Print version ISSN 1415-790X
Rev. bras. epidemiol. vol.10 n.3 São Paulo Sep. 2007
LETTER TO THE EDITOR
Article: Mariath AB, Henn R, Matos CH, Lacerda LLV, Grilo LP. Prevalência de anemia e de níveis séricos de hemoglobina em adolescentes segundo estágio de maturidade sexual. (Prevalence of anemia and hemoglobin serum levels in adolescents according to sexual maturation stage). Revista Brasileira de Epidemiologia 2006; 9(4): 454-461.
Maria Sylvia de Souza VitalleI; Josefina Aparecida Pellegrini BragaII
de Atendimento e Apoio ao Adolescente da Disciplina de Especialidades Pediátricas
do Departamento de Pediatria da Unifesp EPM
IISetor de Hematologia Pediátrica da Disciplina de Especialidades Pediátricas do Departamento de Pediatria da Unifesp - EPM
We would like to congratulate the authors of the excellent paper "Prevalence of anemia and hemoglobin serum levels in adolescents according to sexual maturation stage"1 for their outstanding quality and contribution, and at the same time, we would like to clarify a few points that seem biased interpretation to us.
In the second paragraph of the discussion, they say, incorrectly, that, "Although the present study did not evaluate the food intake of adolescents, it looks like this is the only reason accounting for the higher averages of hemoglobin levels in males". Even though we know that food intake with insufficient iron content is the main reason for iron deficiency anemia and that there is no encompassing Brazilian study on the subject, it looks like the prevalence of anemia is not high among adolescents in our society.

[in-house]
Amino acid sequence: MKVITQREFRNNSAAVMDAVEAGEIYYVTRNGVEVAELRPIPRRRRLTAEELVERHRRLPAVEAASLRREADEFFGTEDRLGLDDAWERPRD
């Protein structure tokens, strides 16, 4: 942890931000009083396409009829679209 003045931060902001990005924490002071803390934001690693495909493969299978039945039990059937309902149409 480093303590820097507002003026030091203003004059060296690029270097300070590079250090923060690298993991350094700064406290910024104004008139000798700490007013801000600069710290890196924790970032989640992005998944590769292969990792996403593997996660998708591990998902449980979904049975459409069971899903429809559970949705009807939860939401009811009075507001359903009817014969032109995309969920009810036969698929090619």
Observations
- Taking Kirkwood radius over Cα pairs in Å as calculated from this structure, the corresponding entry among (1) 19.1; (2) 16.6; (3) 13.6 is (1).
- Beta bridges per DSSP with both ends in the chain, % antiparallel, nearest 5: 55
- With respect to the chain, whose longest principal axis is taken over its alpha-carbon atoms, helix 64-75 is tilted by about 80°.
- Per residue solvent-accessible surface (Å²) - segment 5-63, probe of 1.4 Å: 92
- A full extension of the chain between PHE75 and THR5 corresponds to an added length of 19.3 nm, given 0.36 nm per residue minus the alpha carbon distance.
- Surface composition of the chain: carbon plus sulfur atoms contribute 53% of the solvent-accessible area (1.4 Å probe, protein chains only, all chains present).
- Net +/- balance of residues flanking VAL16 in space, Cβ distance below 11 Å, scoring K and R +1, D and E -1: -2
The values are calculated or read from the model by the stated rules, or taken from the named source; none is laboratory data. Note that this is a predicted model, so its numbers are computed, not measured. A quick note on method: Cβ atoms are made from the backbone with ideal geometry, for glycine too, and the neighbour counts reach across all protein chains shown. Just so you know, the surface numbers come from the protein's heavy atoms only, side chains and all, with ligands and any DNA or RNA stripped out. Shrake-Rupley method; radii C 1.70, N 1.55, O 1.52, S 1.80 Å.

In adolescence, males are expected to have a higher Hb level than that of females, because prostaglandins facilitate erythropoietic activity, both directly (PGE1) and through cyclic AMP (PGE2). Androgens stimulate the activity of erythropoietin through an increase in production through facilitation in erythroid stem cells. Conversely, estrogens inhibit the effects of erythropoietin2. That is the reason for the standardizations showing that, after the age of 15 years, hemoglobin cutoff points for males and females change2,3.